I can't stress enough how important this step is. In the past, I usually jumped on a final piece without spending too much time looking for ref. The result, most of the time, was a painfully slow painting process. No matter what you think, you probably don't know how that particular object is made, how it reacts to light, what its real color is. Reference are useful for details, but they're also important to keep your imagination spinning. One thing to be aware of thought: don't limit your research to the subject you have in mind. Obviously, in this case, a good amount of “refinery” or “factory” pictures is important, but it's also a good idea to look for “lens flare” “fog” “blu light” “city lights” etc. One last thing about reference: try to look at movie stills. If you see a particular shot in a movie that sparks your interest, grab a still.


After the references gathering, it's time for some thumbnails. This is the fun part. Thumbnails shouldn't be too detailed...actually, they shouldn't be detailed at all. Try to limit the size to 2000 px and paint them without zooming in too much. Think about this stage as the “big shapes” one. All you really want to define is composition, value structure, colors. This is where you want to explore different ideas, angles, perspective. Once on the final piece, you really want to have all these aspects defined. In this case, I explored different ideas even though almost all of them have the “giant pipes” element. That was definitely something I want to use in my final piece.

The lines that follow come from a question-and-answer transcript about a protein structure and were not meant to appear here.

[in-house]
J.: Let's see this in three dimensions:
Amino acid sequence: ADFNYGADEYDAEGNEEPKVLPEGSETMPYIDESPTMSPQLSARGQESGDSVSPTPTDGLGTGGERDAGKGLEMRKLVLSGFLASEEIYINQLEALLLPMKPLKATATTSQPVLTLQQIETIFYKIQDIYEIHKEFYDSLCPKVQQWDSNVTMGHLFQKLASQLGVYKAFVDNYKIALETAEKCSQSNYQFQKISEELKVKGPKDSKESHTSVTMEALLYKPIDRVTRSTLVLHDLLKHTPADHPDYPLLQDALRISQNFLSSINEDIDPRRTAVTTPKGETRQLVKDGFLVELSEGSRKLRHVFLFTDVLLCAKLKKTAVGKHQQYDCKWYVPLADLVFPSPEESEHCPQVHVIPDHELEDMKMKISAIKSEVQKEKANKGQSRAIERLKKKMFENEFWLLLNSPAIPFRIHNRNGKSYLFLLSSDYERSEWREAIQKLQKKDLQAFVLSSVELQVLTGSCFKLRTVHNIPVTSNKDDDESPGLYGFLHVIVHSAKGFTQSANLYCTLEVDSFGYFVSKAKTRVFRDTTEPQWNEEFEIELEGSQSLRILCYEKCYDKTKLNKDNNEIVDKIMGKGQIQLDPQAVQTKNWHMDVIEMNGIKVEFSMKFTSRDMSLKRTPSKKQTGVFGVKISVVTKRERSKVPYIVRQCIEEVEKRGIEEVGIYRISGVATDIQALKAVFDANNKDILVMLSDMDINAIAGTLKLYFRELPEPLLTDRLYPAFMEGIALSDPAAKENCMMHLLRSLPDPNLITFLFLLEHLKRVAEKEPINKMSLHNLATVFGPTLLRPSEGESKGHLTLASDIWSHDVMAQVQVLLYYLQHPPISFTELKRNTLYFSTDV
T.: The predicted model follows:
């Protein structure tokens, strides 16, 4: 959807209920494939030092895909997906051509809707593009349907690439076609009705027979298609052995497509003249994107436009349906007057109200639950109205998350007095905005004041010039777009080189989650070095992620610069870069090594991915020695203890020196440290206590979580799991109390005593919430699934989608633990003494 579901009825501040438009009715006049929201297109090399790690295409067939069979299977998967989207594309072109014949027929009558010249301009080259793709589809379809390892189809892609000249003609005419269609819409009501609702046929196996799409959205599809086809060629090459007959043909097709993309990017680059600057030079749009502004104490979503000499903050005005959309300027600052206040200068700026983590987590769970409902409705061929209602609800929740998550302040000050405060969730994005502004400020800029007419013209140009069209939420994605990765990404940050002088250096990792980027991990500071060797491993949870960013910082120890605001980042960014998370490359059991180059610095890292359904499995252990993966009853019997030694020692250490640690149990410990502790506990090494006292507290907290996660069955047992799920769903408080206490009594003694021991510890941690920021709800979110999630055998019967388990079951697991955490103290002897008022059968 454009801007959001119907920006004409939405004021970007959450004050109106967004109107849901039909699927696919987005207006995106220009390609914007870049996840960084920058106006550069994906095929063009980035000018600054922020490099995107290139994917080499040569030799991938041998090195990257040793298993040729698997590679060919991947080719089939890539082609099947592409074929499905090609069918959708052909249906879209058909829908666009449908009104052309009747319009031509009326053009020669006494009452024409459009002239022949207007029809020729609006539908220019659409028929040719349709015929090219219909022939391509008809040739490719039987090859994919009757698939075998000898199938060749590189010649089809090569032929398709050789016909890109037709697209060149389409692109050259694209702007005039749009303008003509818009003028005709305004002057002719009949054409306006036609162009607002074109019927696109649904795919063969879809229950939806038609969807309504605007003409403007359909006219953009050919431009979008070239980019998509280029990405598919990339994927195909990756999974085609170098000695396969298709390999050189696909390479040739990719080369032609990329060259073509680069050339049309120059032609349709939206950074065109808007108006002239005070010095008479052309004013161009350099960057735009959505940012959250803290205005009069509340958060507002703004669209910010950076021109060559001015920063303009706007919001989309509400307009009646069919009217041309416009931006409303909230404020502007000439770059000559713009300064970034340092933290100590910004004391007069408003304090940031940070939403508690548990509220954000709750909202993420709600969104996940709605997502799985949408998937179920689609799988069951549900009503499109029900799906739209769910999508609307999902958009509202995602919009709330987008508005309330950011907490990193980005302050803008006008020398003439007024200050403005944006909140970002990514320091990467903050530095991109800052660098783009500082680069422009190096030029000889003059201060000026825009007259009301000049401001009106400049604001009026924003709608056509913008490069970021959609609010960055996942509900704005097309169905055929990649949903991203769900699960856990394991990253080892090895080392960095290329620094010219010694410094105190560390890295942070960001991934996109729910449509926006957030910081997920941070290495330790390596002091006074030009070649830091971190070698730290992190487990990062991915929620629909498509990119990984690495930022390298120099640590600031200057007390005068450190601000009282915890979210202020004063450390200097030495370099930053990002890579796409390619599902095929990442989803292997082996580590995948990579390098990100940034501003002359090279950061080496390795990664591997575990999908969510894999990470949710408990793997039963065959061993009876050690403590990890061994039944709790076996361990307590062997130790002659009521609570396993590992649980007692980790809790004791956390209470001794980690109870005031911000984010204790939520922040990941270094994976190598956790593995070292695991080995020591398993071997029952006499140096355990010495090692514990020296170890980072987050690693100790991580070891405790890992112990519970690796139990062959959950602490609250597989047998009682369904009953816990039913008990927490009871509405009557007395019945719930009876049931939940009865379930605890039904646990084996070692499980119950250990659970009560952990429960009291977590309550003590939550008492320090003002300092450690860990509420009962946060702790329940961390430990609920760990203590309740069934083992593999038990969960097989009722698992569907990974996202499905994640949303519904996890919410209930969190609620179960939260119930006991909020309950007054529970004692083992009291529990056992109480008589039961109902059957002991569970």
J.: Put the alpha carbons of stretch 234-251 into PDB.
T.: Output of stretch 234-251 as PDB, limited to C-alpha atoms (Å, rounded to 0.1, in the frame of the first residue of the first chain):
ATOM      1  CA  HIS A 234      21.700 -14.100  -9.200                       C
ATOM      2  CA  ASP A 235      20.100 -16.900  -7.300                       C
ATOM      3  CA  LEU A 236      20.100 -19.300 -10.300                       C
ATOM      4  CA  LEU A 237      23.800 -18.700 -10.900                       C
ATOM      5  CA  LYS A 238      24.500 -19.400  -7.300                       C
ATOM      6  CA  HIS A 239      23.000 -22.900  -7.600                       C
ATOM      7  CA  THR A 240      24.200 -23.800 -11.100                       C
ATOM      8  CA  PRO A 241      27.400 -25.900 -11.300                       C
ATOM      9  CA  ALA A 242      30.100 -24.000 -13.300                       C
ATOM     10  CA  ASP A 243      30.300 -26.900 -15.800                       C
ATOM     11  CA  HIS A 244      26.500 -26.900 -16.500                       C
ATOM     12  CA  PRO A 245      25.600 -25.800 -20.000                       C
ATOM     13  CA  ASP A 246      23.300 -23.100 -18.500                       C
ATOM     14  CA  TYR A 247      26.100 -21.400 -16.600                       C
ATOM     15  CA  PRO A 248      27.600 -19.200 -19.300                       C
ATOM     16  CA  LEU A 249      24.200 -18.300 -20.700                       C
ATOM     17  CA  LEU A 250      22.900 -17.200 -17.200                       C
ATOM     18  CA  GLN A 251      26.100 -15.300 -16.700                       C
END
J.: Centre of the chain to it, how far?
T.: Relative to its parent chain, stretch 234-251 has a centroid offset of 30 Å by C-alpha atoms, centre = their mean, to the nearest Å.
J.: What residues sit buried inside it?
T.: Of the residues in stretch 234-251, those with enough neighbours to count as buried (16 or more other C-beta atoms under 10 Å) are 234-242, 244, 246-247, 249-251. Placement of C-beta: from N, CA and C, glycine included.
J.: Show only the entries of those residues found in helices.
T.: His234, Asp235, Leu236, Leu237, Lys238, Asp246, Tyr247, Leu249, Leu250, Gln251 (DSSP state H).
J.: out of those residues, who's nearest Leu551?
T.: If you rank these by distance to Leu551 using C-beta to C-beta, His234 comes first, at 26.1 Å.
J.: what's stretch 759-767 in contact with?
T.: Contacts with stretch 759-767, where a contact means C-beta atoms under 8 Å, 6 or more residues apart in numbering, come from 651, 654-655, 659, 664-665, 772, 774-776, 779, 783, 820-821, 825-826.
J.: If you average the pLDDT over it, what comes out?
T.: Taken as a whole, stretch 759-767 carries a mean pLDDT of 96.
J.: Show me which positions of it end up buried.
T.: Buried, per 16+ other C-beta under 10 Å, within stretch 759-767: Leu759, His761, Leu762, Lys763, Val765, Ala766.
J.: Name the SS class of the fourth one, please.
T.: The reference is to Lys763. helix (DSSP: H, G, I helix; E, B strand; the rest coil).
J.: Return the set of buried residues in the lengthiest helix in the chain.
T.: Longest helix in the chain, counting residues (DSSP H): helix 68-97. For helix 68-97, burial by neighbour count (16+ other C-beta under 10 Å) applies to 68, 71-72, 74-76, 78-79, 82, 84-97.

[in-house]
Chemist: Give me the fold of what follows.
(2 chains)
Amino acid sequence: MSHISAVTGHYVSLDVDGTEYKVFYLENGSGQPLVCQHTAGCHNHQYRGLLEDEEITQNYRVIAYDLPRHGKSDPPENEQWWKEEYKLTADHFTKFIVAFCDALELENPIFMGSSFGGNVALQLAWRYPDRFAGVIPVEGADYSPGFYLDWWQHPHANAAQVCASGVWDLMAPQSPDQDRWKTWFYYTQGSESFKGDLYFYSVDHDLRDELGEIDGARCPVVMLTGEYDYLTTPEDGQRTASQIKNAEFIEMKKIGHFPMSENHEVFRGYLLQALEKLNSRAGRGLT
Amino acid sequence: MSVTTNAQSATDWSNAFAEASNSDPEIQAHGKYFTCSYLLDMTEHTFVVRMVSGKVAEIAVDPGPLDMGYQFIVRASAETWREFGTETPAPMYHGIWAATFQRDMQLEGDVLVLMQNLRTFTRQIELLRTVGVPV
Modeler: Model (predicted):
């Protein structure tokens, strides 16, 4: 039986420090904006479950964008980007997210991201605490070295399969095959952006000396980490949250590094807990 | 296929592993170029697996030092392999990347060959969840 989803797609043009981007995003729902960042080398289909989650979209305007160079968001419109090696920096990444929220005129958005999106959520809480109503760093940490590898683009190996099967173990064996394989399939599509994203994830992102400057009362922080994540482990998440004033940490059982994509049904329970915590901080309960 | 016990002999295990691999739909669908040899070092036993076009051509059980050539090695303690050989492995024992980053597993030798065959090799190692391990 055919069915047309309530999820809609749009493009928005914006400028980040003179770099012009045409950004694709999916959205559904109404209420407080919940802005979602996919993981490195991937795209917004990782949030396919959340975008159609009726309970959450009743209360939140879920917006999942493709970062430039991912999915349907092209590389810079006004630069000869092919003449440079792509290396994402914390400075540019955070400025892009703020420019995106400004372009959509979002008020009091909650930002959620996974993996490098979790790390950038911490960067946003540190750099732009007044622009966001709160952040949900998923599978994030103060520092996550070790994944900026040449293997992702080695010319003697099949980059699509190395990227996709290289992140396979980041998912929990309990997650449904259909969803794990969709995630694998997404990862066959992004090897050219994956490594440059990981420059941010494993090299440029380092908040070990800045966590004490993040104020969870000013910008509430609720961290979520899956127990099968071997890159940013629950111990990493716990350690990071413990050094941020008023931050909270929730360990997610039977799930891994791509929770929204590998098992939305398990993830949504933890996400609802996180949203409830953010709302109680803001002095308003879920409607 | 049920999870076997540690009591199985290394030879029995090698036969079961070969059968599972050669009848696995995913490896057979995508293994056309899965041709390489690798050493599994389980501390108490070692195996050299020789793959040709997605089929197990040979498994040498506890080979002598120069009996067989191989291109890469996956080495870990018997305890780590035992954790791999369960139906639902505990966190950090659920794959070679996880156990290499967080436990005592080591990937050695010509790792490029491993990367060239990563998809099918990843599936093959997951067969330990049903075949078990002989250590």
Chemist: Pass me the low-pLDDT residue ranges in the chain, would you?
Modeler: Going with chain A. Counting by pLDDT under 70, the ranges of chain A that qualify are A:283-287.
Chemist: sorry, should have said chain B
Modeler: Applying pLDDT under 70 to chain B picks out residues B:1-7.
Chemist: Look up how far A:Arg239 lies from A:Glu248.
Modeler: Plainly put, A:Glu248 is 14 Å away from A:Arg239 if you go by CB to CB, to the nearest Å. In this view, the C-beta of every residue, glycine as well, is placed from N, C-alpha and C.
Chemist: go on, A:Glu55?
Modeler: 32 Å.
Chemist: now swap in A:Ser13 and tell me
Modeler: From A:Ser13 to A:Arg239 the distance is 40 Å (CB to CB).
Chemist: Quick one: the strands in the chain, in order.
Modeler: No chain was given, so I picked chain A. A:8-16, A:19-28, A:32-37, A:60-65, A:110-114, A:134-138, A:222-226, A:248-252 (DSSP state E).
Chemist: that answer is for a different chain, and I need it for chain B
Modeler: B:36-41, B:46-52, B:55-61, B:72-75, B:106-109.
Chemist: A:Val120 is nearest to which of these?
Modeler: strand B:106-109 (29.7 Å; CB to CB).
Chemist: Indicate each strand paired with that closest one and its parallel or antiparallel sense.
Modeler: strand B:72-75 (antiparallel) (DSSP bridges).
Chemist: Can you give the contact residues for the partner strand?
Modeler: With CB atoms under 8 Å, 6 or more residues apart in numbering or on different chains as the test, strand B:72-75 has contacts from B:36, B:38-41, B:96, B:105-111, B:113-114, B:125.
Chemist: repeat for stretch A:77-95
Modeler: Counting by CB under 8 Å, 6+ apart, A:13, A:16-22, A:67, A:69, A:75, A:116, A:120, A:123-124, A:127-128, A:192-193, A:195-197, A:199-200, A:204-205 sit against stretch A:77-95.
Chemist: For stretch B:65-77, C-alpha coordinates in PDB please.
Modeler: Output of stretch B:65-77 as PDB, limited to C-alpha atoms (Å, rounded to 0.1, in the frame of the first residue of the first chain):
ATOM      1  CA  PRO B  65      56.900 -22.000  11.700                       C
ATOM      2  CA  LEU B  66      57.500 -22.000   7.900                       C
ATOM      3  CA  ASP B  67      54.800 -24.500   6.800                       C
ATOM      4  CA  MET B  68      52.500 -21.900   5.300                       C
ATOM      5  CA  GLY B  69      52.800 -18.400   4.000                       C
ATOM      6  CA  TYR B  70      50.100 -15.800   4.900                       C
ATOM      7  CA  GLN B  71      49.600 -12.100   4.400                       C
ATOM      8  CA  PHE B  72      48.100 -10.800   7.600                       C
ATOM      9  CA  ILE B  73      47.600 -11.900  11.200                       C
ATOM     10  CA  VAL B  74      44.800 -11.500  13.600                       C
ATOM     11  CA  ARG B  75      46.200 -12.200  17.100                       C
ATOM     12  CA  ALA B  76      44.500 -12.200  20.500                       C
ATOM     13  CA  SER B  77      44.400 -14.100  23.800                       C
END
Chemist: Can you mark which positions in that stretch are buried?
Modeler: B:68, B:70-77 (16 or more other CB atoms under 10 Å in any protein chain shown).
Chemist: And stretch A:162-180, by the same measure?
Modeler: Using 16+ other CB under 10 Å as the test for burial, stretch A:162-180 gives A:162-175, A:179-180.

out of all the thumbnails, n3 was the one I liked the most. All I had to do was scale it up (3000 px wide) and start painting.
Since my idea was to make a concept and not a final matte painting, I could be a little looser than usual. I browsed through the references I collected earlier, looking for shapes that were close to what I imagined this environment to look like. Once I found something, I pasted it in the file and color corrected it to match my colors. Nothing too advanced here, just curves and painting on top. When I had some basic elements in the scene, I started painting over to fill the rest of the picture.


I’ll admit it, I'm not a “brush guru”. I have Jaime Jones' brush palette loaded in my photoshop, but I usually use just a few of them. This doesn't mean you should do the same. If you look at Jamie's work, you will see what a good use of different brushes could do. 
Below are the main ones I used in this particular picture:


The painting process in this picture was pretty straightforward.
Two elements that required a slightly different approach were tubes and smoke.
To paint the tubes I used a mix of path, layer style and smudge tool:

The smoke was painted with two brushes (one as paint, one as eraser) and smudge tool in spots:


Strong silhouettes make the image readable at a glance. Used them to drive the attention to your focal points. If two elements are too close in value, paint something between them to better define their position in space. Smoke, light, fog are usually a good solution.


Always check your value structure and use it to create the illusion of depth in your environment.
To help you with this, put a b/w adjustment layer on top of your painting and turn it on every now and then to check your values. If something doesn't look right, it's probably wrong. Fix it before jumping on anything else.
The picture below shows you a value breakdown of the painting.


Try to think about “contrast” every step of the way. Big vs small, dark vs light, horizontal vs vertical, hard edge vs soft edge. If you have to much of one, put some of the other. This rule applies to brush strokes as well, play with different sizes and directions.